Serving Kenly, Selma, Smithfield, Princeton & Pine Level since 1973

New hand signals and bumper stickers for modern motorists

Thank you for being one of our most loyal readers. Please consider supporting community journalism by subscribing.

Posted

Before blinking electronic turn signals were introduced into automobiles around 1940, hand signals were the primary method motorists used to signal to other drivers their intentions of turning left, turning right, stopping or slowing down.

Since hand signals are practically obsolete now, anyone caught holding his or her left hand out the driver’s window and giving hand signals today might either get arrested or be subject to threats or obscene gestures from other motorists.

As today’s driving has become much more involved and complex than in the past, things have reached the point where this might actually be a good time to consider not only bringing back the original hand signals but also to add a few more.

At the very least, it would be fun and interesting.

If this were to occur, however, hand signals for our modern, sophisticated lifestyle would obviously require some changes.

Some possible signaling suggestions might include holding the left hand out the window and waving it wildly back and forth meaning; “I’m in a hurry to get to the restroom/job/school/Walmart/dollar store/pick up the kids at soccer, so for the next few miles I might be speeding up, slowing down or weaving back and forth while changing lanes.”

Another idea might be to hold the left arm out the window and rapidly open and close the fist. That could signal: “I still have several more friends to text, call or send cutesey photos before reaching my current destination. If I am looking down at the phone in my lap and appear to not have my mind on my driving, I have an excuse.”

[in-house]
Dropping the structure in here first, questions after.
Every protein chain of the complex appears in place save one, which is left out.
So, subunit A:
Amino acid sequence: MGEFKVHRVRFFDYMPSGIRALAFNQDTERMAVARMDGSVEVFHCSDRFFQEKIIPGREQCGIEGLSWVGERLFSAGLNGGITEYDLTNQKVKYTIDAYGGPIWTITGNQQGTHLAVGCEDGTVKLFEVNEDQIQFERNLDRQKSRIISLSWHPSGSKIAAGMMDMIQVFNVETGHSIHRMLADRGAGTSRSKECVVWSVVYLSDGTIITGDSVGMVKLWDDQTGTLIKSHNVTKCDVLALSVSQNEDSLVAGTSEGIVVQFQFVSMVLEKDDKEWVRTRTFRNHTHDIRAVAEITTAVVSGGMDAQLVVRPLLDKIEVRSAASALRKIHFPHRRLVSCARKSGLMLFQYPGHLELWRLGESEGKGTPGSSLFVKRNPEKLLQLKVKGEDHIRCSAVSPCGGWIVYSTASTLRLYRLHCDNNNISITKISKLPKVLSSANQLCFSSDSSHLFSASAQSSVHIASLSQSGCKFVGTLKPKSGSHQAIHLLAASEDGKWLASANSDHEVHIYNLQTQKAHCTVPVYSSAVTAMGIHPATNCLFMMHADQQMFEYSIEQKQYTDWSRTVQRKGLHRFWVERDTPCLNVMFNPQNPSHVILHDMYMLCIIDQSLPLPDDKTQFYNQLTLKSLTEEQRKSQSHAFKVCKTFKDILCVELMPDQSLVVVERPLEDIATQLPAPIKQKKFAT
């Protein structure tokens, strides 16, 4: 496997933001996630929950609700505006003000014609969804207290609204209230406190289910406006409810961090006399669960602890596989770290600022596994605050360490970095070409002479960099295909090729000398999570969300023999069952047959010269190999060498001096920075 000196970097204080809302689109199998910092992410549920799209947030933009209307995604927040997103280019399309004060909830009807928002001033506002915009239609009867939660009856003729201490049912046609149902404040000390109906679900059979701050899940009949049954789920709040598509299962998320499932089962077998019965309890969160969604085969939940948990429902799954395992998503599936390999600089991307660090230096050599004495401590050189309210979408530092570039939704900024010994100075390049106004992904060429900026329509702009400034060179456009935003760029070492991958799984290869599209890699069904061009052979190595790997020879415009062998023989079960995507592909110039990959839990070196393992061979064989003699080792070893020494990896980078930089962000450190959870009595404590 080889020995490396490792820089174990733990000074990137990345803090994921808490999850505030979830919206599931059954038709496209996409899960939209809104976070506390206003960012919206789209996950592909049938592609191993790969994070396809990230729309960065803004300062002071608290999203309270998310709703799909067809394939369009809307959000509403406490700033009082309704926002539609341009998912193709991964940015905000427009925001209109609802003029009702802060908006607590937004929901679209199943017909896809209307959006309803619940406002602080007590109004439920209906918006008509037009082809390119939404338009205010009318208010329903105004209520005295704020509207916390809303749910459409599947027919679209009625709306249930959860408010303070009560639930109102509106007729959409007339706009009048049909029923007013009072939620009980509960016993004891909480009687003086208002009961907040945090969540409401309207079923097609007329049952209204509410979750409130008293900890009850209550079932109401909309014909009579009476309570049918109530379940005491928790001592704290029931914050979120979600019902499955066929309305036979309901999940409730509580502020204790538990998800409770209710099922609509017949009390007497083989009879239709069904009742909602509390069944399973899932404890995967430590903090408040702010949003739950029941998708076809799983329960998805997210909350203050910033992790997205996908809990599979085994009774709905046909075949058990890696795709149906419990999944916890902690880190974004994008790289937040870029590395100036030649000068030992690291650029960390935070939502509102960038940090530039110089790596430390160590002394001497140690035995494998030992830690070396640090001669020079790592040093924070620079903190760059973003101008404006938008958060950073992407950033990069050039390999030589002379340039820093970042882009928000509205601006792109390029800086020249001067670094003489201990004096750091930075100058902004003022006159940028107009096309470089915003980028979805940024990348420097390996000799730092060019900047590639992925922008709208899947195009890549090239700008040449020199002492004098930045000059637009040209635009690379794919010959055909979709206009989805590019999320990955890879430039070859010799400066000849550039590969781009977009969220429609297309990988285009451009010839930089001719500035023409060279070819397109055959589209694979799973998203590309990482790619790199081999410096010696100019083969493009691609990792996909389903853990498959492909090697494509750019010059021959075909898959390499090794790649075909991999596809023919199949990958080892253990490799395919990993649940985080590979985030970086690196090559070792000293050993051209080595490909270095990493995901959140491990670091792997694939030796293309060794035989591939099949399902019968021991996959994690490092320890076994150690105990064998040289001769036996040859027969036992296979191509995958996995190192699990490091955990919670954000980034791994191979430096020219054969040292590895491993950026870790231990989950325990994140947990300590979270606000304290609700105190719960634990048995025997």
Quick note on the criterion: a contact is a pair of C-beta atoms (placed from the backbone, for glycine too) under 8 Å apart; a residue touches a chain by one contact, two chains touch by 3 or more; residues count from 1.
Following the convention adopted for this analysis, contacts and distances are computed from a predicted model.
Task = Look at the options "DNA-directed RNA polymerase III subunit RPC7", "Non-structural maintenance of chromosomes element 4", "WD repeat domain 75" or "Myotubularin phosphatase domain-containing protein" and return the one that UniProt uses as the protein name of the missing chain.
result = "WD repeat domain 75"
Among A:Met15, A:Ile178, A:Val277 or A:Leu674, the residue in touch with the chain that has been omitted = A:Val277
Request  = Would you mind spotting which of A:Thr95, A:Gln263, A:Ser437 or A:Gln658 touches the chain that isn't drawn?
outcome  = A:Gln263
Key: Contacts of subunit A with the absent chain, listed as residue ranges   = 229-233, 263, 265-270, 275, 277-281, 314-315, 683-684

Several options already exist for signaling to the driver in the vehicle ahead of you that he or she is going too slow for you.

If it’s during the day, the best way to combat this practice has always been to either lean on your horn nonstop for about 10 seconds or hit it several times in short succession with irritating bursts.

In case Mr. Slowpoke is glancing back at you in his rearview mirror, it always helps to throw up your arms and gesture in disgust so he and everyone else can see how you really feel.

If it’s at night, the best method for dealing with someone going too slow has always been to get right up on his rear bumper and try to blind him with your bright lights while continuing to honk the horn.

Any of these methods should continue to be effective enough to let the idiot in front of you realize he needs to either move over or get off the highway immediately if not sooner.

After all, since you pay your taxes, this is essentially your road.

Another new hand signal might be to stick your arm out the window while pointing your index finger back in the direction of your car. That could mean “Hey, check out my new ride” or “How ‘bout my dog, ain’t he cute?”

In some cases it might be a better idea and more practical to use bumper stickers instead of hand signals to get a message across while driving.

Since we already have plenty of dull and boring items out there like “Proud parent of an honor student,” “Baby on board” or “Save the whales, here are a few suggestions for modern bumper stickers:

• “I’m a lousy driver and I know it.”

• “Please don’t blow your horn at me — I can’t hear at all and I can’t see very well, either.”

• “If I appear to be lost, I am.”

• “‘I’m from up north. Watch closely and I’ll show you how to drive in snow and ice.”

• “You might want to stay back even further, as I constantly ride my brakes.”

• “Will work for money, or whatever you might have.”

• “Proud parent of a total failure.”

• “Baby on board — make me an offer.”

• “Single and looking.”

• “Separated and looking.”

• Divorced and looking.”

• “No thanks, Just looking.”

Just remember it’s all about having fun.

After careful consideration, I feel it would probably be best to allow the current obscene gesture sign, the one that has been universally recognized for years, to remain in place for yet awhile longer as no signal, traffic or otherwise, has yet been found to be more effective.

Keith Barnes is a reporter for the Johnstonian News. Email him at kbarnes.jhn@wilsontimes.com.

Comments